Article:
BAD25 celebrates the legendary album and record breaking BAD tour. CD one features re-mastered versions of Michael's biggest hits on the original BAD album, including, "Smooth Criminal," "Man In The Mirror," “Bad,” “Another Part of Me,” “The Way You Make Me Feel,” and "Dirty Diana" arranged in the same sequence as they appeared on the original album released 25 years ago. “Leave Me Alone” was added to the album as a bonus track following its initial release and has been included on the disc.
CD two offers fans a rare listen to thirteen additional tracks, six of which are previously unreleased demo recordings created at Michael’s personal studio built at his then-home on Hayvenhurst Avenue in Encino, California. Also included are all three bonus tracks from the 2001 expanded edition of BAD
, the previously un-released French version of Michael performing the classic, “I Just Can’t Stop Loving You,” a high power version of “Speed Demon” remixed by Nero and the brand new remix of “Bad” worked on as an electrifying collaboration between Pitbull and Dutch DJ Afrojack.
A multi-million-unit-shifter, Bad was (and remains) as important to 1980s pop culture as the rise of the Walkman, the Back to the Future movies, and the shooting of JR. Like 1982’s Thriller, it’s an album that appeared to easily find a home within the record collection of rockers and poppers, punks and poets alike.
Ubiquity comes cheap in 2012 (thanks, internet), but in 1987, it was earned by being the best of the best. And Bad was just that: almost a greatest hits package, it spawned nine hit singles. Its chart campaign didn’t begin with the title cut, but with I Just Can’t Stop Loving You, a number one in both the US and UK. In Britain, Bad (the song) peaked at 3, as Rick Astley sat atop the pile.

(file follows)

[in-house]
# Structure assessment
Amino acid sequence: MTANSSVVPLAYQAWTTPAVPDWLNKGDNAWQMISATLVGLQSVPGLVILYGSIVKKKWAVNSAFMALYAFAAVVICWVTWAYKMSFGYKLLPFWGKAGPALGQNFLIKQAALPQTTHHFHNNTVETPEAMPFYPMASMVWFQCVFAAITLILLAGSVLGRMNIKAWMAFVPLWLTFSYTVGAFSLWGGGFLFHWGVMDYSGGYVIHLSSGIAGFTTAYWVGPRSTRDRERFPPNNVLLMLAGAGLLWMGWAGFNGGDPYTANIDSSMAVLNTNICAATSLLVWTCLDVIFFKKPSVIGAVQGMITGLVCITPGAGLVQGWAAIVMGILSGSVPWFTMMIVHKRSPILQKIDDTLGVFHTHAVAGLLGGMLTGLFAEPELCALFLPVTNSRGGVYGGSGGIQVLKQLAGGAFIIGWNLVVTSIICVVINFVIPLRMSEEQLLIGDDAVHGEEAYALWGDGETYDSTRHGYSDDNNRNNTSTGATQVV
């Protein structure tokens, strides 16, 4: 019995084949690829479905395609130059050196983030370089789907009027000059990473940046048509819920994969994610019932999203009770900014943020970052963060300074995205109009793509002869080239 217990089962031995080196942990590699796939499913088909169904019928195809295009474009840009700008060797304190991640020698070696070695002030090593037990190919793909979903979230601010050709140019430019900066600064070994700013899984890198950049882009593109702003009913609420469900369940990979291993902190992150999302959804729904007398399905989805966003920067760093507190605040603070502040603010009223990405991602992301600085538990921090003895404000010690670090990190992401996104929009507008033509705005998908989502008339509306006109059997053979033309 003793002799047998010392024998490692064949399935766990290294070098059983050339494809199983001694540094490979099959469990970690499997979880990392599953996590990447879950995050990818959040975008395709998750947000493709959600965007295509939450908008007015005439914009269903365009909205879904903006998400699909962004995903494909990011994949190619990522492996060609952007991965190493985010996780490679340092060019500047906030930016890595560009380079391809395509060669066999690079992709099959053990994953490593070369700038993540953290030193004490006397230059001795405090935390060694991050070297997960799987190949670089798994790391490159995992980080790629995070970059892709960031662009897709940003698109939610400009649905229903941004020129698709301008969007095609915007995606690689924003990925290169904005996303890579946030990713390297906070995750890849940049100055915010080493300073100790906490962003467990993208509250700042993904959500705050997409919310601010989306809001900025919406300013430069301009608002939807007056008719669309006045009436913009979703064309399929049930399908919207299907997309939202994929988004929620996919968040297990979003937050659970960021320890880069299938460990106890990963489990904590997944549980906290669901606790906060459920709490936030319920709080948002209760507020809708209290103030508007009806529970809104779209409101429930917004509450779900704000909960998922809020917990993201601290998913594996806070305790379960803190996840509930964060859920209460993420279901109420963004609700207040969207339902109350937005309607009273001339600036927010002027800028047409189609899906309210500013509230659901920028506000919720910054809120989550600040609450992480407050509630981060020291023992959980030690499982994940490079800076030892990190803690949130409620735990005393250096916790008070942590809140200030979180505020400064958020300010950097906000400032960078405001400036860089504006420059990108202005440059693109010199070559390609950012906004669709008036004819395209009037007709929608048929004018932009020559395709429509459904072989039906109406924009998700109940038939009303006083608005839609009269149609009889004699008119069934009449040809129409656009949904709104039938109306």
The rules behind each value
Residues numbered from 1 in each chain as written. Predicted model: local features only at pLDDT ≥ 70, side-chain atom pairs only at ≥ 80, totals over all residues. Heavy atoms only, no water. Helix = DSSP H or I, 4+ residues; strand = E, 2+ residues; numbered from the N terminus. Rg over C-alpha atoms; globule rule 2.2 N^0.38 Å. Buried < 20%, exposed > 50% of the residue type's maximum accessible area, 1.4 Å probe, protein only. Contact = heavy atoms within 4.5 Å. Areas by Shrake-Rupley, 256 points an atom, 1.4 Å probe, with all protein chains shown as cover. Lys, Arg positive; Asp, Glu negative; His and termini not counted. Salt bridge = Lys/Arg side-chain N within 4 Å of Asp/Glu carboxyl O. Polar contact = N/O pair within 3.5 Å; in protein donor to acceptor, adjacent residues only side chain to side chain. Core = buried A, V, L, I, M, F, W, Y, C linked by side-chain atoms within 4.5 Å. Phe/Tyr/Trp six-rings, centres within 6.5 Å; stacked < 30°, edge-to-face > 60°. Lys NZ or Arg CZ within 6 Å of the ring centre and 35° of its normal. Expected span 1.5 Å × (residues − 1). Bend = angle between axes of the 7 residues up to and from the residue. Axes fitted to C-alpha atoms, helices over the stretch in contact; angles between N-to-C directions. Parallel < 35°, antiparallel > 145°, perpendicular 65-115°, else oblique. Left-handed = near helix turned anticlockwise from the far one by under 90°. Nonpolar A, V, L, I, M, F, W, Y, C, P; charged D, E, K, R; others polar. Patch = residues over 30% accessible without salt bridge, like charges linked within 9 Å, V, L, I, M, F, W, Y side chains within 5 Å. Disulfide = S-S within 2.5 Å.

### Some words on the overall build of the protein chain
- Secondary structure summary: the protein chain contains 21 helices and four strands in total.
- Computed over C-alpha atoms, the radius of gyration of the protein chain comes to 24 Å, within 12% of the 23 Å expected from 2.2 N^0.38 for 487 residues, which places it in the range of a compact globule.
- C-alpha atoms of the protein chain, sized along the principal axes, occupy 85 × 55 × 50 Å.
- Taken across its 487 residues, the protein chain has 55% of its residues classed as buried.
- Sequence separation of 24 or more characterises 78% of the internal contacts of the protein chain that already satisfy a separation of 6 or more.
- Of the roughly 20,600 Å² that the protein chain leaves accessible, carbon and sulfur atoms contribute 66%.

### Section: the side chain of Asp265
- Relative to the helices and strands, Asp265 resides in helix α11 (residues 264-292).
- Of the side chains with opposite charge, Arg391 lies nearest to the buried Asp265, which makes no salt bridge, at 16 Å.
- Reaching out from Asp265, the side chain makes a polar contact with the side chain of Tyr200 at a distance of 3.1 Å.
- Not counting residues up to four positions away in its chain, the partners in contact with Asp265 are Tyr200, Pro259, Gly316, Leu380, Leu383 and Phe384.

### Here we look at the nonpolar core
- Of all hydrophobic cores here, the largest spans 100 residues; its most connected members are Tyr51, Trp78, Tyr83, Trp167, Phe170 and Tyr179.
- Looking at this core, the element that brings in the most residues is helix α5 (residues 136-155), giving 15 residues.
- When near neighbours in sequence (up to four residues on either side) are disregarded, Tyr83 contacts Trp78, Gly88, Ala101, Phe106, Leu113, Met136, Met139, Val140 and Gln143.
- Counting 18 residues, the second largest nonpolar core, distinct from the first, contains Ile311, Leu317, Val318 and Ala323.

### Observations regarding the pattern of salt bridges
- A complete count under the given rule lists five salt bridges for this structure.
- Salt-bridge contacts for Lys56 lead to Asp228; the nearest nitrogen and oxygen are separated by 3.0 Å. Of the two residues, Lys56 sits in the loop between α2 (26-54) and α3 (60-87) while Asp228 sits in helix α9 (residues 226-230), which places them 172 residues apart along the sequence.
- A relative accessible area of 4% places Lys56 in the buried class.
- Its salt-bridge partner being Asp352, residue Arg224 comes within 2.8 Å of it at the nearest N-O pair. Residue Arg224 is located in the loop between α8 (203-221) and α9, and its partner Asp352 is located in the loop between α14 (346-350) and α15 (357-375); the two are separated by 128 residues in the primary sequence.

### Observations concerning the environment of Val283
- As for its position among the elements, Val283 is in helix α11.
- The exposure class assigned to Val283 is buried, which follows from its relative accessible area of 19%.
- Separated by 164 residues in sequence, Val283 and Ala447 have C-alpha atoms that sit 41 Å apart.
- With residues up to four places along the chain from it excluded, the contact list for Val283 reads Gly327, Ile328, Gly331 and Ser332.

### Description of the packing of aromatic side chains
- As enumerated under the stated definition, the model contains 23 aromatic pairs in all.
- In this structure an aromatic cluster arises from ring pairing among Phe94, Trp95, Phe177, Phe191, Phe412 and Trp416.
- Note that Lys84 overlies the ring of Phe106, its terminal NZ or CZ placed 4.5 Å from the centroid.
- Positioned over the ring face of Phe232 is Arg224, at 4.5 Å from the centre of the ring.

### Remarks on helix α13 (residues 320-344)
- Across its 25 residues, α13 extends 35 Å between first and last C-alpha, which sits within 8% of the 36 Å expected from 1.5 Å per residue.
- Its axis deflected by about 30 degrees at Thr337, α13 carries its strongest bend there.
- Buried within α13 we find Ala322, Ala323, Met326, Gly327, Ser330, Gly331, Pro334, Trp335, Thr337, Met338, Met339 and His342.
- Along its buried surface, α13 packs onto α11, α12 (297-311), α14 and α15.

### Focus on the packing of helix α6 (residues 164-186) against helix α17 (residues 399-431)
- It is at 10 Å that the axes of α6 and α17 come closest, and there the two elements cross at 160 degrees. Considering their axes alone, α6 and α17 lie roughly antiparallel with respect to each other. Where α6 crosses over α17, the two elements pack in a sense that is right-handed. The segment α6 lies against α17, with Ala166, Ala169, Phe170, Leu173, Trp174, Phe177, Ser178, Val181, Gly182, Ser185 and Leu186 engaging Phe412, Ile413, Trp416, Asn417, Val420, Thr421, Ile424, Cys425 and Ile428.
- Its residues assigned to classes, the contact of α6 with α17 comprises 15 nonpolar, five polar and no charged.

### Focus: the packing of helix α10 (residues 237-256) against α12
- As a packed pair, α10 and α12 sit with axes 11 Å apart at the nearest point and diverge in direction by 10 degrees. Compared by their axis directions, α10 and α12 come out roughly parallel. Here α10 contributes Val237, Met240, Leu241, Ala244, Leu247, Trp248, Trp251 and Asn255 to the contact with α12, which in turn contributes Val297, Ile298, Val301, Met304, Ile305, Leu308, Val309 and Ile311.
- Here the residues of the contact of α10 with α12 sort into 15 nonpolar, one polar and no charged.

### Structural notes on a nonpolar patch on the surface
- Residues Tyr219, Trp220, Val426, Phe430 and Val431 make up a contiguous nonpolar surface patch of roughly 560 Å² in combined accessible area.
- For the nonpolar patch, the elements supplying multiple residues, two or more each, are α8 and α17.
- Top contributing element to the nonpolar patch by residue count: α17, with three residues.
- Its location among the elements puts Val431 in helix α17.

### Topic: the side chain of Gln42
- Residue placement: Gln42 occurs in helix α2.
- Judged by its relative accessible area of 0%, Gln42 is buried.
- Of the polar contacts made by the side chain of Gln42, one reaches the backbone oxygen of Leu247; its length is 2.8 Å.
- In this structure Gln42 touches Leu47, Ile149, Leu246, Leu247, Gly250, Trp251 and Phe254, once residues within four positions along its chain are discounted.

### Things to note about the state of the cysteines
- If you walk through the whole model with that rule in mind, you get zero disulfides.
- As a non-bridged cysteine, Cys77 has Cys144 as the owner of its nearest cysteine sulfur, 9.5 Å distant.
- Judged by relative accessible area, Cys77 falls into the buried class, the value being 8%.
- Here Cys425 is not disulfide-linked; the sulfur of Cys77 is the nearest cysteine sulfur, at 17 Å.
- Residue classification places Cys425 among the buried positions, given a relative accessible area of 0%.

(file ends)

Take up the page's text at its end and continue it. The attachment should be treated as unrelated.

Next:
The title track rocketed to No.1 in the US, followed by The Way You Make Me Feel, Man in the Mirror and Dirty Diana. Jackson’s star was at its zenith across the 1980s – but fame never guarantees critical approval. Yet Bad was as well-received in the press as it was by Jackson’s fans. It’s a special rarity: a commercial behemoth with nary a lapse in quality across its 48 minutes.
Quincy Jones’ production is tight yet yielding, every song allowed to breathe and never cluttered by needless elements. Dirty Diana is remarkably lean, Steve Stevens’ flamboyant guitar aside, yet powerful too. Speed Demon, deemed “filler” by critics at the time, is fun funk-rock that’d sit happily on a Prince album of the period, compositionally if not lyrically.
Unreleased demos make up the majority of this anniversary release’s second disc. Amongst the most interesting are Song Groove (A/K/A Abortion Papers) and Price of Fame. The former, aggressive of percussion yet light of synth, is about a Christian girl carrying an unwanted pregnancy. “Michael knew (it) could be controversial,” read the accompanying notes; but Jackson handles the subject matter with tenderness.
Price of Fame addresses the pressures Jackson felt as a pop idol. Of his obsessed followers, he wrote: “They’ll do anything and it’s breaking my heart… It’s running me crazy.” It is, perhaps, a first instance of the cracks that’d soon spread. But nothing that was to come in Jackson’s career could ever take the shine off this awesome, evergreen and essential pop masterpiece.
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